Some dirt is inevitable when it comes to our kid’s cleats, running shoes, and other athletic shoes. However, regular cleaning can help prolong the life of the shoes, not to mention, cleaner shoes often have better grip and support.
Many shoe manufacturers have their own guidelines on how to best clean your athletic shoes, but all brands follow the same basic idea. The cleaning methods for almost all athletic shoes are relatively similar, so you can follow these steps whether you’re working on soccer cleats or tennis shoes.
These tips are ideal for grass stains, gravel stains, dirt, and just about anything else a pair of shoes would encounter during your child’s sporting career!
How to Wash the Insoles & Laces
First, remove the insoles from the shoes. If the laces are dirty, remove those as well. These parts of the shoe can be machine washed.
- To machine wash the insoles and laces, place them into a garment bag or pillowcase.
- Then, wash them as normal on a gentle setting.
- If you’re worried about your insoles or your washing machine does not have a gentle setting, you can include a few towels in the same load to help cushion the insoles.
Never soak the insoles, as this could cause them to lose their shape and support. If you’ve washed them and they’re still not smelling fresh, it might be time for a replacement pair.
Wait, Can I Machine Wash the Whole Shoe?
Some shoes can be washed entirely in the washing machine. The main reason you can’t wash some shoes is the type of glue used, as some types will degrade in the wash. Most shoes will indicate somewhere on the tag whether they can or cannot be machine washed.
If the shoes can be machine washed, follow these steps:
- Place the shoes in a garment bag or pillowcase
- Use warm (not hot) water and a small amount of gentle detergent
- Use a gentle or low spin cycle
- Air-dry the shoes when done
If the shoes cannot be machine washed, continue on with the steps below.
How to Wash the Sole
It might seem counter-intuitive, but allow any mud to dry completely first. Once it has dried it will be much easier and less messy to remove dirt rather than mud. Clap the dry shoes together outside to remove the majority of the dirt.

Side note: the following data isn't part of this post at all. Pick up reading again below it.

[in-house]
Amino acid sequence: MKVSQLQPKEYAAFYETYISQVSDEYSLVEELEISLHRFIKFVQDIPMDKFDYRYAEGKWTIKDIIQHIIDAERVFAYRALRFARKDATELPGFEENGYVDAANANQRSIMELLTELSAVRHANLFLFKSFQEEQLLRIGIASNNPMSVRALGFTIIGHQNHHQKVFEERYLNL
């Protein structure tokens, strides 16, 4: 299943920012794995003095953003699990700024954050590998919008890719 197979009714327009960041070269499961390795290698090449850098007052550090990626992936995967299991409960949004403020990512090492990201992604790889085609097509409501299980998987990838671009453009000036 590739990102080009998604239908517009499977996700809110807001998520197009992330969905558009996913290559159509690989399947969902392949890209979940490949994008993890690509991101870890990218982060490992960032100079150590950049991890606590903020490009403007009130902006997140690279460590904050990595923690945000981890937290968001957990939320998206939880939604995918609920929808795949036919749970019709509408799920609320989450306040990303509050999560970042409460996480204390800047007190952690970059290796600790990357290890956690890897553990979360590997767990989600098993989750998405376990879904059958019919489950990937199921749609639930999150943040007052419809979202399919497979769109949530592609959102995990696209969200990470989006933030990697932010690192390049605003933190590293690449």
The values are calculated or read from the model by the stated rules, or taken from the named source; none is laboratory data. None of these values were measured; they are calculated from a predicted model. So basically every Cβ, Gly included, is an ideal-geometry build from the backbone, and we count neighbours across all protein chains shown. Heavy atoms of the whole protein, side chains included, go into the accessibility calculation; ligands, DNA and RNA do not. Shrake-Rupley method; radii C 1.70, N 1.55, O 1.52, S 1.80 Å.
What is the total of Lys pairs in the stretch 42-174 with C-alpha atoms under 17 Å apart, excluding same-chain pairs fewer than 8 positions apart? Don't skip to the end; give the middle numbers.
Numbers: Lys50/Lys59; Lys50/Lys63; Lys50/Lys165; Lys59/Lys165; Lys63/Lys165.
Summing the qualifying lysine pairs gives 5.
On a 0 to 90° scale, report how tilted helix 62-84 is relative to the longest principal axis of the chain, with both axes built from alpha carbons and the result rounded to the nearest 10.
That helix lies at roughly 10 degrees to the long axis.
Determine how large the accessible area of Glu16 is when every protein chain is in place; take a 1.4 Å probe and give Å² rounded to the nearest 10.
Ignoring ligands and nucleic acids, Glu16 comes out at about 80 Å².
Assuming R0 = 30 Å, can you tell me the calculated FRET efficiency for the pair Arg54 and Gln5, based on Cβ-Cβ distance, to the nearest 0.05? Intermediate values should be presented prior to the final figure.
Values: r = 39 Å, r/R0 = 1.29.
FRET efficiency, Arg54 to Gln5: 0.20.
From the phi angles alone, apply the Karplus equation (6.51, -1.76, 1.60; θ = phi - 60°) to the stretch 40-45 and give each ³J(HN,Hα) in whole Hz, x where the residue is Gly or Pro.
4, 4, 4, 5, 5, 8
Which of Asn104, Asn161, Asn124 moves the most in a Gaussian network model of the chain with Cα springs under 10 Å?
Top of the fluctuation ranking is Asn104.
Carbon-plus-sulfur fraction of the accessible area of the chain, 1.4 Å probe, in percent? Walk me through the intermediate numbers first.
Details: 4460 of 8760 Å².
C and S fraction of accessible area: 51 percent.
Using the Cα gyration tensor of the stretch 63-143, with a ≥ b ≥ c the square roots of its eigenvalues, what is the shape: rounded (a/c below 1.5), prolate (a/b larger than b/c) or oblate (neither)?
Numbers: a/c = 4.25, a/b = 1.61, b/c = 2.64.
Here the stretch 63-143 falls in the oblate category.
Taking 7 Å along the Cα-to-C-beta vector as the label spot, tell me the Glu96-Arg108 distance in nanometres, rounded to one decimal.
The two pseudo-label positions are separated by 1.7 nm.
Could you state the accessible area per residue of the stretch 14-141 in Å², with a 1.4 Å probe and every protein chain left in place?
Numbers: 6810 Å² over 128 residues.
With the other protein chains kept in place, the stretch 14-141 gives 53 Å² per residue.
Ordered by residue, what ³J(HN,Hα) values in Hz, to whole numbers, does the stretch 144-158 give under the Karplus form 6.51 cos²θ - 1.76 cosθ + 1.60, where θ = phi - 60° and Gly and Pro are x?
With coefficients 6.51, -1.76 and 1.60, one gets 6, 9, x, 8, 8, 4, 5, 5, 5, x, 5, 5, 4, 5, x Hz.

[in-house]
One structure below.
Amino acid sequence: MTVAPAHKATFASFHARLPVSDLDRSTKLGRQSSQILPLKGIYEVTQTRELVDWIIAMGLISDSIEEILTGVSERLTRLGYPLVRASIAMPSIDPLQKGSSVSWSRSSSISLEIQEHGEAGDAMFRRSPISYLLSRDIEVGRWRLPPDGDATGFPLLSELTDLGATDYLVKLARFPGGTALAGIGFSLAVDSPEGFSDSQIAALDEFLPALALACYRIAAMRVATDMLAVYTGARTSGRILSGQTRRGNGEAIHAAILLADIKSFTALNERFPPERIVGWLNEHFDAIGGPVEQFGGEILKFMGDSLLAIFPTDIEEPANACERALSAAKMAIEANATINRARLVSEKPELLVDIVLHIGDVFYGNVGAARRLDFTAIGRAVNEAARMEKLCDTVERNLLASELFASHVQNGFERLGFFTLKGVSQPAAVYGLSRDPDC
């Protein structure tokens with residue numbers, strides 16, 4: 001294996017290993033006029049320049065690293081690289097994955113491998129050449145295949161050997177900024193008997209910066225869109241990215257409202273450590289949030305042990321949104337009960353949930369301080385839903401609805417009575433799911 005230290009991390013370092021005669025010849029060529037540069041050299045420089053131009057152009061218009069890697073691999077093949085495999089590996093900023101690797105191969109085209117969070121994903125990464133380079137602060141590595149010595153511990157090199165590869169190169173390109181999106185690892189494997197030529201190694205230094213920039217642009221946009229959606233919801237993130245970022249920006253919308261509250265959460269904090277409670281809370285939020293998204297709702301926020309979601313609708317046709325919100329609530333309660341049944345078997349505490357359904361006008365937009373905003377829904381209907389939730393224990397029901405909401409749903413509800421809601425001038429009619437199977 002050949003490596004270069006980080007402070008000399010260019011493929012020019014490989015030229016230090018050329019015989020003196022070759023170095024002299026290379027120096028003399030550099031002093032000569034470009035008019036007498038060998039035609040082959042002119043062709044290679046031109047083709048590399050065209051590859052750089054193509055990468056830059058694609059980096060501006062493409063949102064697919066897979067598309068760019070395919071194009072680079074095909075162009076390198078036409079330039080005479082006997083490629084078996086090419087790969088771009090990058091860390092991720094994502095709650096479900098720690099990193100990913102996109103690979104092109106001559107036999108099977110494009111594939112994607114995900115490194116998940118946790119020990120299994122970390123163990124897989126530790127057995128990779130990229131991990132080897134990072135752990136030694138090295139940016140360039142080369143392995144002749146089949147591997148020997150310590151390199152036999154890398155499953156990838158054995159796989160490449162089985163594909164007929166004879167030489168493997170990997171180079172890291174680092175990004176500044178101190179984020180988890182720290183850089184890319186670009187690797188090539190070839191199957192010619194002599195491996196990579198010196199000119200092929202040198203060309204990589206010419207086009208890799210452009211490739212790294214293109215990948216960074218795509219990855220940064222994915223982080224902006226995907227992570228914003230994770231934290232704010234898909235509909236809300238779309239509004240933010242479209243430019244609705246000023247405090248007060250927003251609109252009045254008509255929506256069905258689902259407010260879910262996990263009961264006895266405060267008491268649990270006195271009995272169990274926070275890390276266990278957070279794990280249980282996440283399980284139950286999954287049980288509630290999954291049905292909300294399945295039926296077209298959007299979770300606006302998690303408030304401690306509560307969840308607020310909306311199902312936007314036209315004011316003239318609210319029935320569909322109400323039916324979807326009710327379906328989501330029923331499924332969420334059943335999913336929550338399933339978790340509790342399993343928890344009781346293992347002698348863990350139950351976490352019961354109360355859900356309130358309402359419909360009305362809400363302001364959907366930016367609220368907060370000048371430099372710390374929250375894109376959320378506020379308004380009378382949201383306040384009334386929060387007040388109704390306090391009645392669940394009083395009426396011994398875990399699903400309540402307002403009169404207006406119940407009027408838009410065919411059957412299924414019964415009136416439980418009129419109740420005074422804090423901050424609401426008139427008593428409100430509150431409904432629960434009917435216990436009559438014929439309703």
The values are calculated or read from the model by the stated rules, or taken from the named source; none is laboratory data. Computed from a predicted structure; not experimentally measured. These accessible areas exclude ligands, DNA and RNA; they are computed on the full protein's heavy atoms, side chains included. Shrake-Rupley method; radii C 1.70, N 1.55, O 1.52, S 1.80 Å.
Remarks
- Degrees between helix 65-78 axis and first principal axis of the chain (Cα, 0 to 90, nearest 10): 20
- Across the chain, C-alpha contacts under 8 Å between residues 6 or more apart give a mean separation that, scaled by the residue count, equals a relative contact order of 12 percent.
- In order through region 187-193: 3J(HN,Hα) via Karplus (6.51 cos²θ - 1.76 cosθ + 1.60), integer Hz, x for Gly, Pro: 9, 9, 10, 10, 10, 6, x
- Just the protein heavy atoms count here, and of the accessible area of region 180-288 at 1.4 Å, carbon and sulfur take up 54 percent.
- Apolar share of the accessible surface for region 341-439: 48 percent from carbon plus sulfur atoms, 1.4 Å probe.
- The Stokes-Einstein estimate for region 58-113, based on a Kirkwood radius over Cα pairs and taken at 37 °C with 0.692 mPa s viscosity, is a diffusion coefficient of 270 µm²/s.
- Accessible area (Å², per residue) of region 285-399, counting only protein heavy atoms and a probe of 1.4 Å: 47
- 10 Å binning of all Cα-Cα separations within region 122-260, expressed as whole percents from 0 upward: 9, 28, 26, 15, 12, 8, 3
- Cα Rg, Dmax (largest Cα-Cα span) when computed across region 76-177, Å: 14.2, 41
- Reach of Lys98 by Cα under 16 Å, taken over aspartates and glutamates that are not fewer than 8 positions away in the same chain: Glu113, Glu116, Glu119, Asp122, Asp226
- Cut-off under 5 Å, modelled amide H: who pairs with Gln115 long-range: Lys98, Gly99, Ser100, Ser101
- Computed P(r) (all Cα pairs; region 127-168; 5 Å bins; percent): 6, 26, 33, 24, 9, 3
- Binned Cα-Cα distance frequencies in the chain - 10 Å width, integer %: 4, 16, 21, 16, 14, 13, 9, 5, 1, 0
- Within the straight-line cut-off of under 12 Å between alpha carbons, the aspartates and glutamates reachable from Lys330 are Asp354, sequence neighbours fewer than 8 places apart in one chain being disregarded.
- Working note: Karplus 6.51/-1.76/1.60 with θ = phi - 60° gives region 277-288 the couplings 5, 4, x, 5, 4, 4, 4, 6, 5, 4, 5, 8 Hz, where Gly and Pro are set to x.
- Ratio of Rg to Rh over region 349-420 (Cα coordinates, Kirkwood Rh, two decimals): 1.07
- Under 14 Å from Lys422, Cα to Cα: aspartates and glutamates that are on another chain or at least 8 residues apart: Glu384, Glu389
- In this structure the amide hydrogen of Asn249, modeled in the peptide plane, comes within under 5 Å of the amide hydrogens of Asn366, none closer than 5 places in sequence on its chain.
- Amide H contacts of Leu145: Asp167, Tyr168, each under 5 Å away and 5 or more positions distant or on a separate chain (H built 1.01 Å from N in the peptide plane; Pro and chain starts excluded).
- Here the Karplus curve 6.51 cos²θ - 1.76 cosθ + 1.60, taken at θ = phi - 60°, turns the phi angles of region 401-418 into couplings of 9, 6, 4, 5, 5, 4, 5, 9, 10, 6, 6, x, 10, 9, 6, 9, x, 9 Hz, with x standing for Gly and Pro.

Then, use a brush and water to remove the rest of the dirt. Add a small amount of detergent to the water for especially stubborn dirt or if you are cleaning shoes with white soles.
You can use a dry brush, shoe brush, or even a toothbrush for this step. If you’re using a stiff brush, avoid the upper part of the shoe as stiff bristles can damage the fabric.
For cleats, use a popsicle stick or putty knife to clean between the cleats. It’s also not a bad idea to keep one in your child’s sport’s bag to clean mud from between the cleats during halftime for optimal grip.
How to Wash the Upper
The upper, or the fabric part of the shoe that wraps around your foot, needs to be washed with a bit more care than the sole and the insole.
To wash the upper, first mix a gentle laundry detergent with warm water. Don’t use bleach or other household cleaners on your shoes. Only use soap that you would use on clothing. For specific stains, you can use stronger detergent in an isolated area, similar to how you would clean your kid’s sports uniform.
You’ll want to use around 2 oz of detergent (or one capful) for every 2 cups of water. You may need to adjust the recipe slightly based on how concentrated of a detergent you’re using. Just be careful not to use too much, as it will be difficult to rinse away.
Next, dip a sponge into the detergent and water mixture and start washing the upper portion of the shoe. Be sure to use gentle, dabbing motions to help lift any stains and stubborn dirt.
Once the shoes are clean, use a sponge or microfiber cloth to rinse the shoes of any leftover soap. Don’t submerge the shoe in water, as this can damage the glue and cause materials like leather to crack.
If the shoe you’re cleaning is made of leather, nubuck, or suede, it’s best to use a special cleanser made for these materials. Soap and hot water can damage these natural fabrics, causing them to crack or lose their shape.
How to Dry Your Athletic Shoes
Do not put any shoe in the dryer, even if they were safe to machine wash. Instead, allow the shoes to air-dry in a well-ventilated area.
You can place newspaper or paper towel in the shoes to help absorb excess moisture and speed up the drying process. This can also help the shoes keep their shape.
Don’t place the shoes in direct sunlight or next to a direct heat source when drying. Heat from a hairdryer, radiator, or the sun might help the shoes dry faster, but it can also damage the shoe.
Quick Tips for Fresher & Cleaner Shoes
Washing the shoes regularly will help with any unpleasant smells, but these tips will help keep your kid’s shoes smelling fresh between washes.
- Baking soda is a great natural, DIY odor absorber. Sprinkle some into the shoes, let it sit overnight, and dump the powder out in the morning. For a fresh scent, you can do the same with a dryer sheet.
- When storing the shoes, keep them in a breathable bag (this will help reduce odors in both the shoes and the bag). Once you get home, remove the shoes and place them on a shelf if you can.
- With these tips, your kids will not only have cleaner shoes but longer-lasting ones too!